Campaigners have today renewed calls to end the damaging ‘five-week wait’ for first payments of Universal Credit after a Freedom of Information (FOI) request by the Poverty Alliance revealed there is no Government analysis of the impact of the policy on poverty and destitution.
The news follows a report last week from the Resolution Foundation which added to significant and mounting evidence that families are unable to cover their essential costs while they wait for their first payment. The Joseph Rowntree Foundation estimate that two in five families on Universal Credit cannot meet their basic living costs during the five-week wait, while research by the Trussell Trust has shown that in areas where Universal Credit has been rolled out for at least a year, food banks have seen a 30% increase in demand. This jumps to 48% after two years. Despite this, the UK Government have admitted they have conducted no analysis on the policy’s impact on poverty, destitution or food insecurity.
A broad spectrum of civil society has called for the wait to be abolished including health organisations, mental health charities, food banks, homelessness groups and women’s organisations.
Jackie, a mum of three from Glasgow, was forced to take out a Government loan for five weeks when she was moved onto Universal Credit last year:
“For me it felt like we were being starved into getting a job. It doesn’t work like that though. No human can effectively look for work when their mind is consumed with how to feed their kids and keep them warm.”
“Poverty is stressful enough but the five week wait for Universal Credit is tipping people into crisis. I was already struggling to make ends meet with just enough to put food on the table and make sure immediate bills were paid. The house has been in a bad state for years and we can’t afford a lot of the basic securities you want when you’re raising a family on a low income like contents insurance and life insurance.
I took the Government’s advance payment loan, forcing me into debt. This is no way to get people into work, especially when the jobs the JobCentre suggest for you are so low-paid that you have very little prospect of coming off benefits or paying off benefits. All it does is demotivate, and plunge people into a spiral of despair and deterioration of mental health.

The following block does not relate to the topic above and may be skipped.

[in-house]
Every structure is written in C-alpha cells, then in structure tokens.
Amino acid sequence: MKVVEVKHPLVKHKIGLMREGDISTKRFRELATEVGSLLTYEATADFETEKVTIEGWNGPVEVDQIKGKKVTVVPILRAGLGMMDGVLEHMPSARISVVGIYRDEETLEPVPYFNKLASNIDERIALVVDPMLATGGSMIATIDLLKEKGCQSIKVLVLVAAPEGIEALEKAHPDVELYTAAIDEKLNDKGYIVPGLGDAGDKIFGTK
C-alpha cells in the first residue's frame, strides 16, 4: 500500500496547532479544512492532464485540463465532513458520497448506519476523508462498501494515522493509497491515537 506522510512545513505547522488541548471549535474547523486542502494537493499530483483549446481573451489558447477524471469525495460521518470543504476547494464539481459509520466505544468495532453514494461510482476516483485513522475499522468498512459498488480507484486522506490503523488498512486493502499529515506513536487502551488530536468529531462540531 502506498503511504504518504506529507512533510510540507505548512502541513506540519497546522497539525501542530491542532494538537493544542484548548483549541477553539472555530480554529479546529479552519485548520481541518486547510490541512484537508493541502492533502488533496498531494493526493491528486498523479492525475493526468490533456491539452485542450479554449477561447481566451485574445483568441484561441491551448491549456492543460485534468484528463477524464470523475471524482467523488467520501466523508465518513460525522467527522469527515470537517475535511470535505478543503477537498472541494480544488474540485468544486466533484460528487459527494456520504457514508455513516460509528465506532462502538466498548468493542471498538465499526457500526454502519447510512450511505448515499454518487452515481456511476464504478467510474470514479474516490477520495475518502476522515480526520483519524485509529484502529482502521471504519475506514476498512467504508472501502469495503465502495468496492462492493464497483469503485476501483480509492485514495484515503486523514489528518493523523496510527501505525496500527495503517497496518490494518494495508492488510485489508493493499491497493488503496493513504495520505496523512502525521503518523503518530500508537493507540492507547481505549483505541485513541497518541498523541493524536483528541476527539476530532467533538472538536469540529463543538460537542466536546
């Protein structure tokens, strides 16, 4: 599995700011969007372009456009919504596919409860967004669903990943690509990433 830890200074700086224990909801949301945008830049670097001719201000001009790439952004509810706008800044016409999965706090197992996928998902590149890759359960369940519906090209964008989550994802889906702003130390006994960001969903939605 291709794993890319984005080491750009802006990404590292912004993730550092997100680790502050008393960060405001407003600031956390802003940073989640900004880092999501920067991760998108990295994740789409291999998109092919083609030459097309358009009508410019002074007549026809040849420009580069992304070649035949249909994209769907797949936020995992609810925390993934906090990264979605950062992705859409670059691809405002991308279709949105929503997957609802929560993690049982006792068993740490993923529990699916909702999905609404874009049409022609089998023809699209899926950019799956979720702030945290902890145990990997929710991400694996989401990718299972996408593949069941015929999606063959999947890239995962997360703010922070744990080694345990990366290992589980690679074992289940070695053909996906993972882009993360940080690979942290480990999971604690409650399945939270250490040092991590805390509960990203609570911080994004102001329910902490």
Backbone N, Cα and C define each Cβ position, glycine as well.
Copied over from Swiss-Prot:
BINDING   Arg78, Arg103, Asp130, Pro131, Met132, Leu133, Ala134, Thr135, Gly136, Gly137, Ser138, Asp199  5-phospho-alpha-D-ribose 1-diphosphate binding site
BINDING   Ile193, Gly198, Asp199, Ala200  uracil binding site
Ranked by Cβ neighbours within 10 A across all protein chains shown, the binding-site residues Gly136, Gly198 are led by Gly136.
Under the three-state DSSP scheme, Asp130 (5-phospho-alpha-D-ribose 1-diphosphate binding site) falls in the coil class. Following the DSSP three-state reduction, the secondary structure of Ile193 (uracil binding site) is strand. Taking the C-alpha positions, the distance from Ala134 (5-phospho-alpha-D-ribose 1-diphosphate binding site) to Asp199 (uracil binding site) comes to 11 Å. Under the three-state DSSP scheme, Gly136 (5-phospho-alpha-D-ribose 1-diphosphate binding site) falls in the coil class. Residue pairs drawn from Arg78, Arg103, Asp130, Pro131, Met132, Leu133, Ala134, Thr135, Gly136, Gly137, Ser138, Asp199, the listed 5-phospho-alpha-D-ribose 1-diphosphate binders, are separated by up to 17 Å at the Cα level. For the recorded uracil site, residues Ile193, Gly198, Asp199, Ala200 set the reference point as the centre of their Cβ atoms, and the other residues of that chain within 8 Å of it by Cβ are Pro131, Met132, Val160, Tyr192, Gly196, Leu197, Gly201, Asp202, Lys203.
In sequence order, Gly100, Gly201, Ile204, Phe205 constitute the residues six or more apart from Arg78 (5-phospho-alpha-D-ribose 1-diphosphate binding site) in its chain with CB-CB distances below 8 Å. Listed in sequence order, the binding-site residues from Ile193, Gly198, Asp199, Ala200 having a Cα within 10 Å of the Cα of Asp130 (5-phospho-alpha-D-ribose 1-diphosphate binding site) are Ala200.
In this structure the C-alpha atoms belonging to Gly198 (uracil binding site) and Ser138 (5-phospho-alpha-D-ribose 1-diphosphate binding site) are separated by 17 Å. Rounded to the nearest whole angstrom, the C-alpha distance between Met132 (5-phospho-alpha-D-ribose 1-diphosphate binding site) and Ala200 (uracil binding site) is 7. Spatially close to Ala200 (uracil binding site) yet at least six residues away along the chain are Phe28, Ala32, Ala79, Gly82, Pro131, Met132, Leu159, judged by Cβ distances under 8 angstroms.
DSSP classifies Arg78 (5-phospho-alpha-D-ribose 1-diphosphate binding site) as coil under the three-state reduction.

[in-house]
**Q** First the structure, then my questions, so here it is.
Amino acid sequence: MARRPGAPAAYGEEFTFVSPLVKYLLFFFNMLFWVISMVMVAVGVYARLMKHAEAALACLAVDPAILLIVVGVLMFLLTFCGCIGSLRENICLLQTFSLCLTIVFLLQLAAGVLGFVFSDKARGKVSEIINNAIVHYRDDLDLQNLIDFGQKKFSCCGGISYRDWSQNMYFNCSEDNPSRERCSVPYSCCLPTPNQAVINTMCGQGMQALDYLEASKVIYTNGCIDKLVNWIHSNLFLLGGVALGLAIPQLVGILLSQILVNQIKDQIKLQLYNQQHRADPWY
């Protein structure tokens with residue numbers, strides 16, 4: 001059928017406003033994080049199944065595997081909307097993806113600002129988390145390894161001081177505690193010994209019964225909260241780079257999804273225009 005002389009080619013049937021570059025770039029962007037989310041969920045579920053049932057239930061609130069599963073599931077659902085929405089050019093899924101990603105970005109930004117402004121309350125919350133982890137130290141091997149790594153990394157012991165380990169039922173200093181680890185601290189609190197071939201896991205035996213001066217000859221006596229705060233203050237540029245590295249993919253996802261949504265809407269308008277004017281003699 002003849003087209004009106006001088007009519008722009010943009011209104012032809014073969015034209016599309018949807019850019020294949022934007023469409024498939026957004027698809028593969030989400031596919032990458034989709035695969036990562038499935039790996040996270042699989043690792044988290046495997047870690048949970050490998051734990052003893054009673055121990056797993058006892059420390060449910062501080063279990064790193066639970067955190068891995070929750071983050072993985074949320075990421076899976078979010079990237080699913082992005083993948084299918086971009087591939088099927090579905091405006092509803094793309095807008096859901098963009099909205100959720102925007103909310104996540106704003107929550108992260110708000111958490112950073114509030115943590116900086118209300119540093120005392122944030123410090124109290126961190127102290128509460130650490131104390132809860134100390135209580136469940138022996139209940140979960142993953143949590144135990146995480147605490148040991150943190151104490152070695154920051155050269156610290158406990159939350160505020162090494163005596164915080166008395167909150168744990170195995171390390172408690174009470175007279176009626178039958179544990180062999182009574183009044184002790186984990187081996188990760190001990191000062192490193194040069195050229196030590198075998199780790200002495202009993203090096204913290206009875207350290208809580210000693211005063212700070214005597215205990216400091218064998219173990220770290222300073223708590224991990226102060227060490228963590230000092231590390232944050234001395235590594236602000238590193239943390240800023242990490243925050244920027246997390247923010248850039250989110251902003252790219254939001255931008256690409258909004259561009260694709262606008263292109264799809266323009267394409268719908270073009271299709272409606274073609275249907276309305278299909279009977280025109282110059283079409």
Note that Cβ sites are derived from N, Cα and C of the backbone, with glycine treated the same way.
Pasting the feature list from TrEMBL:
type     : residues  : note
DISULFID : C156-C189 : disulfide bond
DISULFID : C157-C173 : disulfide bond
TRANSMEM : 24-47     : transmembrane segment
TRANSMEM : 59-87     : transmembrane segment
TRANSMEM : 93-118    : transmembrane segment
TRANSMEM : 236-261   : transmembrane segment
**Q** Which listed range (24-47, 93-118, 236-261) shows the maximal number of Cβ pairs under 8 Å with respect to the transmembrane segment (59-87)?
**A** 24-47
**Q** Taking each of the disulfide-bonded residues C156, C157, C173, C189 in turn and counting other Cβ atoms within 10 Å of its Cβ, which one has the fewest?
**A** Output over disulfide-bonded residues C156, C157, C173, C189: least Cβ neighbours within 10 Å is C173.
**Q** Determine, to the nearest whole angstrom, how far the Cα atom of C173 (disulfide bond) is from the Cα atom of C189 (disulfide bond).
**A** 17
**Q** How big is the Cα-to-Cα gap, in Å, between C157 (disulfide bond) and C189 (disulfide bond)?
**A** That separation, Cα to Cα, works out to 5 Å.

When people like me qualify for benefits it’s because we desperately need them as an anchor to keep us afloat. If we want to live in a decent society, people need to receive their benefits as soon as their application is granted.”
Peter Kelly, Director of the Poverty Alliance said:
“The five-week wait is driving destitution and distress. It has pulled countless people into poverty and trapped many more who were already struggling. We hear time and time again that the policy is pushing some people into rent arrears while others are going hungry to avoid getting into debt.
“It is astonishing that almost a year after then Work and Pensions Secretary Amber Rudd admitted that delays in accessing Universal Credit could have been responsible for rising food bank use that the UK Government is still not assessing the impact of the wait on the staggering levels of poverty in this country.
“We urgently need to end the wait and increase the level of payments to meet people’s needs. The current policy has no place in a decent society.”
The Trussell Trust’s Garry Lemon, Director of Policy, Research and External Affairs, said:
“Universal Credit should be there to anchor any of us against the tides of poverty. But the five week wait fatally undermines this principle, pushing people into debt, homelessness and destitution.
“In a society that believes in justice and compassion, this isn’t right. But it is something that can be fixed. Universal Credit was designed to have a five week wait. Now it’s clear that is five weeks too long, we must change that design. The Conservative Party manifesto pledged to ‘do more to make sure that Universal Credit works for the most vulnerable’. With a new government in place, it is time for them to outline who the ‘most vulnerable’ are, and what steps will be taken to protect them. The first priority must be to end the five week wait.”